Marula – from Stem to Stern (or root)

Photo credit: Stephen Sporik. Paintings inside Pomongwe Cave.

We noted, in a previous post, a cave in Zimbabwe: Pomongwe cave. When discussing marula, specifically marula oil, bringing a cave into the conversation does not seem relevant. Except that it is from a historical context.

Marula has been part of the African life for centuries. As far back as ten thousand years, and very probably longer, marula has been part of the southern African diet. The fruit is highly nutritious, as are the seed kernels. Inside Pomongwe cave, evidence exists that over twenty million marula fruits were eaten.

Photo credit: Brett Hilton-Batber

The marula tree (Sclerocarya birrea) is one of Africa’s treasures. Not only is the fruit so highly valued, but every component of the tree can serve a vital purpose. The tree bears fruit from January through March – give or take several weeks, depending upon location, beginning when the tree reaches seven to ten years of age. Trees continue fruiting into their hundredth year and beyond (at over fifty feet tall, the ancient trees are quite majestic!).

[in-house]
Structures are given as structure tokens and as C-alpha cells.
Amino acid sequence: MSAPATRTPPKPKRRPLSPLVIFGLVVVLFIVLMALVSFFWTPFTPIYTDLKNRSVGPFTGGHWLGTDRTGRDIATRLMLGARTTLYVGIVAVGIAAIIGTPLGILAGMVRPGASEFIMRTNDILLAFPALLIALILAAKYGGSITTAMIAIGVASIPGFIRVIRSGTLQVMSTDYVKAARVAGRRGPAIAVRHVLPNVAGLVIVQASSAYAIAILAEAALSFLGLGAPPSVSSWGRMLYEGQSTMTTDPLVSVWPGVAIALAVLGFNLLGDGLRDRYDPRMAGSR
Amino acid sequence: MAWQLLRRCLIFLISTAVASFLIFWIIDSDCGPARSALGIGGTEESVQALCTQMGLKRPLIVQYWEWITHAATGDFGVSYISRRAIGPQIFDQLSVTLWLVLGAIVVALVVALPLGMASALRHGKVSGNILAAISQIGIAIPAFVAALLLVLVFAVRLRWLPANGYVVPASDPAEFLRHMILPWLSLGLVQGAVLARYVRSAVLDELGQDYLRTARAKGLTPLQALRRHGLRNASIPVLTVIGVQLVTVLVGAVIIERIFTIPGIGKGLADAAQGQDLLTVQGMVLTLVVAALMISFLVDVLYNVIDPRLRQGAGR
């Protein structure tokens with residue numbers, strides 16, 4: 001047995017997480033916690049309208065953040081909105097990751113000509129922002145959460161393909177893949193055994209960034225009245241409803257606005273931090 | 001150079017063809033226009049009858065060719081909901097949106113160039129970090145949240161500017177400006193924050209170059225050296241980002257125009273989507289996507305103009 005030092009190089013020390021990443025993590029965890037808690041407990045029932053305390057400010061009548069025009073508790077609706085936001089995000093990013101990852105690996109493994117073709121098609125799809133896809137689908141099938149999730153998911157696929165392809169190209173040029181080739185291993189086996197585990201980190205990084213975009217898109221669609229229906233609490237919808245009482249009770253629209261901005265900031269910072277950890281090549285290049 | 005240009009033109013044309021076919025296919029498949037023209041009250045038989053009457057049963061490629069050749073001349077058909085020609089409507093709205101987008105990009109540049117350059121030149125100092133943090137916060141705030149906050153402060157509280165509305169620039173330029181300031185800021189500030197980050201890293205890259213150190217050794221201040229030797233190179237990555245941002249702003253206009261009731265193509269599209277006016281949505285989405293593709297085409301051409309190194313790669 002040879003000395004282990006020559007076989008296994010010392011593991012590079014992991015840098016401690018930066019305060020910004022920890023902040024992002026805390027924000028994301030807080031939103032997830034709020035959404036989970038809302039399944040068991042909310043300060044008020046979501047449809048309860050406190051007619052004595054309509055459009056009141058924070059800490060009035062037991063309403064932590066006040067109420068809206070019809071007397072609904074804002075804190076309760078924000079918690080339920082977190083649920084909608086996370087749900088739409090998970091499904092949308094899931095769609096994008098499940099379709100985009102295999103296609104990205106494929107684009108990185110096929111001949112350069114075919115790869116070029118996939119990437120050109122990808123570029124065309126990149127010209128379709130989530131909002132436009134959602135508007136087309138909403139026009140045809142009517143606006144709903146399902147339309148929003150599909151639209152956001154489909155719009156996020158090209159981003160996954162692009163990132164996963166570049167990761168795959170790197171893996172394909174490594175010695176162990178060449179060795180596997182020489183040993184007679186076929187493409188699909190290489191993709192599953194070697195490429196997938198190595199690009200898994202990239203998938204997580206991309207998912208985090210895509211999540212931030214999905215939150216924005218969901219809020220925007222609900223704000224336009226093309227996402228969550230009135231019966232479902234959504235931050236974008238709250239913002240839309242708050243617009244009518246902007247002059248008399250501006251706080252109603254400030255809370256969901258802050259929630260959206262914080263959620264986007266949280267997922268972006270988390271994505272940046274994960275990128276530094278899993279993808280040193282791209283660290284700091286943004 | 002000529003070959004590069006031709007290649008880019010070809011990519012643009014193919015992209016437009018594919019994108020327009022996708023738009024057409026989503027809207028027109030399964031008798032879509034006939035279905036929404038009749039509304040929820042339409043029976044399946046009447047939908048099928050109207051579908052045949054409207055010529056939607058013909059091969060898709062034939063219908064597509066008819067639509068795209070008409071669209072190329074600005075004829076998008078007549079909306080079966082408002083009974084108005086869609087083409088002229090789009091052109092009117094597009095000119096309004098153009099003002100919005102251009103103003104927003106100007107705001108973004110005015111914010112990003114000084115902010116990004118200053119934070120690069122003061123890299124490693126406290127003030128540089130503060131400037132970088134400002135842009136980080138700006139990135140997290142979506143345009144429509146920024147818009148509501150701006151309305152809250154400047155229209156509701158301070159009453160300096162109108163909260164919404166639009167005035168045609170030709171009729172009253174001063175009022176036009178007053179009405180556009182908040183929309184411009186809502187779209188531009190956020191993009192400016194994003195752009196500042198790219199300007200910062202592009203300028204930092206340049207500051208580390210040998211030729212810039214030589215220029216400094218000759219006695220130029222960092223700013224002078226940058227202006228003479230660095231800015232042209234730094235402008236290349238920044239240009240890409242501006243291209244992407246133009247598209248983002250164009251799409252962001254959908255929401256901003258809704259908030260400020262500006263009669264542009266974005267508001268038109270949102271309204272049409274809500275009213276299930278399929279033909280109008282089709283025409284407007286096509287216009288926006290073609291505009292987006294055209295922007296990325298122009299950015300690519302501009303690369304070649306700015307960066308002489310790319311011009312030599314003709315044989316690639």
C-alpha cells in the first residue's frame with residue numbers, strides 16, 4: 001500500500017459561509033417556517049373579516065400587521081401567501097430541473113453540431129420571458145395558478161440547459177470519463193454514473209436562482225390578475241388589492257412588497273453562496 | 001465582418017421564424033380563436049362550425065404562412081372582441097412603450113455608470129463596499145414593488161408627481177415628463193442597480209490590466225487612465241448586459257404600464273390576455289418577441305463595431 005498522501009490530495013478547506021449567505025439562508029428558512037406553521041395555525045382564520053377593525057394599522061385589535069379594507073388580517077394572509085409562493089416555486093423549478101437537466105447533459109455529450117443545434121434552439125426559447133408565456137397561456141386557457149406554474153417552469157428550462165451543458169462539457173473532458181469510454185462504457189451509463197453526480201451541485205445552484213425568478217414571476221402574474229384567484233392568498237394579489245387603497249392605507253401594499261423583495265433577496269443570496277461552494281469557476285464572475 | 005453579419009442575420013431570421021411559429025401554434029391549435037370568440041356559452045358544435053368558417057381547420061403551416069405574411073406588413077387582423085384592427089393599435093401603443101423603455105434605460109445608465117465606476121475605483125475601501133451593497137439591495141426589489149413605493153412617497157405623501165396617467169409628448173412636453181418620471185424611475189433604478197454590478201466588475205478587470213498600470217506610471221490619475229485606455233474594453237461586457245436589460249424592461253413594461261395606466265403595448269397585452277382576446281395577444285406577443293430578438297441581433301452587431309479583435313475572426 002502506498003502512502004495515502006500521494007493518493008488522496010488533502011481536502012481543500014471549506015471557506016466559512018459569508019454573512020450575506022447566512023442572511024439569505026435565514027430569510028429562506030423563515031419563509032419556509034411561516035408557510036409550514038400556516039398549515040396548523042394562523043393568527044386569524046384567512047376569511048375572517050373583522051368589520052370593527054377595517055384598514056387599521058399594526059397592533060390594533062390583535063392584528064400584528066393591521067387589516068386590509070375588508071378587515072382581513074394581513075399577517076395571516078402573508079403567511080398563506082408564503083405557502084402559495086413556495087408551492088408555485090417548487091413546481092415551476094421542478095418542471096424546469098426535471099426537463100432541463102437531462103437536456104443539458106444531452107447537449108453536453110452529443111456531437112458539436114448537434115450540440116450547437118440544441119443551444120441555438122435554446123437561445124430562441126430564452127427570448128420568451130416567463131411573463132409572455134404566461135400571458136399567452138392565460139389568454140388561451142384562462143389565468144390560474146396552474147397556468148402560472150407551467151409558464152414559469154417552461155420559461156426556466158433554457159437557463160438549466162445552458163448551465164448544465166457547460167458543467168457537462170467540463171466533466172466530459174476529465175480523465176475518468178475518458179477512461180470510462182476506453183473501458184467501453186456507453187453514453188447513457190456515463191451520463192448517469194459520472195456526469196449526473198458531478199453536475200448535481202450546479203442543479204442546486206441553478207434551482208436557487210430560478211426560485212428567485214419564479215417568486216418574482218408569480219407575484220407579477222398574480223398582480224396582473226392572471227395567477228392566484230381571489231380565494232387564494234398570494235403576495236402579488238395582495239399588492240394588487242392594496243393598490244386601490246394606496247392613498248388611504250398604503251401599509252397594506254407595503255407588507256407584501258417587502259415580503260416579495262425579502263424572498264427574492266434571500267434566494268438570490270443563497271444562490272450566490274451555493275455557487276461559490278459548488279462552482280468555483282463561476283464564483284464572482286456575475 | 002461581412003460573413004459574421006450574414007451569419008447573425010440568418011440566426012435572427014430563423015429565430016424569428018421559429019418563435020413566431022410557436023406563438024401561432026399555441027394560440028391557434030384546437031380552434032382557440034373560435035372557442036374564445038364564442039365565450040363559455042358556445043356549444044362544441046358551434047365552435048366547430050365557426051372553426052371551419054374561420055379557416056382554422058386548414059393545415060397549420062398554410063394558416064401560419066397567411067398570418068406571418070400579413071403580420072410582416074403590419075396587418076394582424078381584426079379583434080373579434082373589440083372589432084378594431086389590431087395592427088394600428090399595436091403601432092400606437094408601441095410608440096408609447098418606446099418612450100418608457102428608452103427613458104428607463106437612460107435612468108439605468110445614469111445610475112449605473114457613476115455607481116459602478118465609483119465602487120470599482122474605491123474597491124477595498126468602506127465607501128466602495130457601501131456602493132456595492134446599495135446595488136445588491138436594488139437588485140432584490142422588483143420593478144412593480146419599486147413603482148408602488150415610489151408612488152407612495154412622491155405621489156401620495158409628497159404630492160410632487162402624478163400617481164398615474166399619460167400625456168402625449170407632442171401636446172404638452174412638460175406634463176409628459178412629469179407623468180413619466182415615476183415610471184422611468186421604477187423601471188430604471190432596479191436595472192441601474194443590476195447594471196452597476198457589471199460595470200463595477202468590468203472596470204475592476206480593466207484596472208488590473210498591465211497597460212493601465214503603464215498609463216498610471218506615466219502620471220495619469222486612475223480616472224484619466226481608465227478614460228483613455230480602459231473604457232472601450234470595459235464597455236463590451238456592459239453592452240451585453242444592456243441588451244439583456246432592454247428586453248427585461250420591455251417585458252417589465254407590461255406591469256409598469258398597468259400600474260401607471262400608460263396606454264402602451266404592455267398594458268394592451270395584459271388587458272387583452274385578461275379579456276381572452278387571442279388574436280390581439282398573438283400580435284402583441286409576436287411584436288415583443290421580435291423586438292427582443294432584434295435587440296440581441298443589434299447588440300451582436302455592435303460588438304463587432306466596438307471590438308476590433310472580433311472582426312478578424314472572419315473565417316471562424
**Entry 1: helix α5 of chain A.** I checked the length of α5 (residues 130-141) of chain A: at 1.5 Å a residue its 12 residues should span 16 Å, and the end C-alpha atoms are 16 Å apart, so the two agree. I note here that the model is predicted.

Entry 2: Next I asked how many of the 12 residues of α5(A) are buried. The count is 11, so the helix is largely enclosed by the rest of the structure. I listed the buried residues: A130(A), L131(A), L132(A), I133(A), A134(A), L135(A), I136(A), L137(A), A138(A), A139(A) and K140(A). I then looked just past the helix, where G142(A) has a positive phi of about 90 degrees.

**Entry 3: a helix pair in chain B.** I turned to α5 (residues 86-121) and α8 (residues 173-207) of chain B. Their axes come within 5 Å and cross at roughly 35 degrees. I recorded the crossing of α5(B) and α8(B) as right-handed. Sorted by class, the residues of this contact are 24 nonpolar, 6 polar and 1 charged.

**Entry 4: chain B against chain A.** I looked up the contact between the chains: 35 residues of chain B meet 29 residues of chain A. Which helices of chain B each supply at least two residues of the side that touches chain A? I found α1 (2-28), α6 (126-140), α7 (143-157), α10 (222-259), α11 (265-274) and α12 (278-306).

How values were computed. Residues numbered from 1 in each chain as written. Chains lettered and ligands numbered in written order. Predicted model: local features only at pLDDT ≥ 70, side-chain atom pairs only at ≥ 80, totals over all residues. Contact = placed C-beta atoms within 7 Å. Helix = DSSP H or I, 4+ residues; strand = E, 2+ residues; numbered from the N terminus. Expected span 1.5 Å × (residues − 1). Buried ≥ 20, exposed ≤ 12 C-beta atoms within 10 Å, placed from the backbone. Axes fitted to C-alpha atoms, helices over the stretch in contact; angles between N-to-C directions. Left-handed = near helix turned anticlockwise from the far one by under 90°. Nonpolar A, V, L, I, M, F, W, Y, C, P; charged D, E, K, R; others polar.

While the fruit itself is important (especially to us here at DLG, and we will discuss it in future posts), Africans have used virtually every part of the tree:  The wood can be carved and the bark made into a dye or brewed into a tonic used as part of a marriage ritual (marula is known as the “marriage tree”). The bark contains antihistamines and is also used to treat fever, malaria, scorpion stings, snake bites, dysentery, and diarrhea.

The “mopane worm” – Saturniidae “Emperor moth” caterpillar. Popular food item in southern Africa. Large numbers of caterpillars can be harvested before the start of the rainy season, dried, and stored. Photo credit: P.A. Hulley.

The inner bark makes rope. Insects – e.g., the large Saturniid caterpillar, a resident of the tree, and the larvae of the cerambycid wood-boring beetle – can be roasted as nutritious treats. (We here are DLG have enjoyed the mopane worm as part of our meal.) The leaves are commonly used to treat heartburn and indigestion.

Marula trees are dioecious, i.e., they have a gender. The Venda believe bark infusions can determine the sex of an unborn child. If a woman wants a son, the male tree is used; a daughter, the female tree. But, if the infusion fails (a child of the opposite sex is born), then the child is designated as very special: he or he defied the spirits.

We cannot forget the roots, which are used for bilharzia (a disease caused by a parasite worm), sore eyes, weakness, and making an alcoholic medicine known as kati.

Finally, the fruit.  Inside the fruit, and held firmly by a concrete hard pit or stone, are one to four seed kernels. These are tasty, protein-rich food sources, and their high oil content makes for a lovely skin cosmetic – and it is the oil that we will focus on in future posts.

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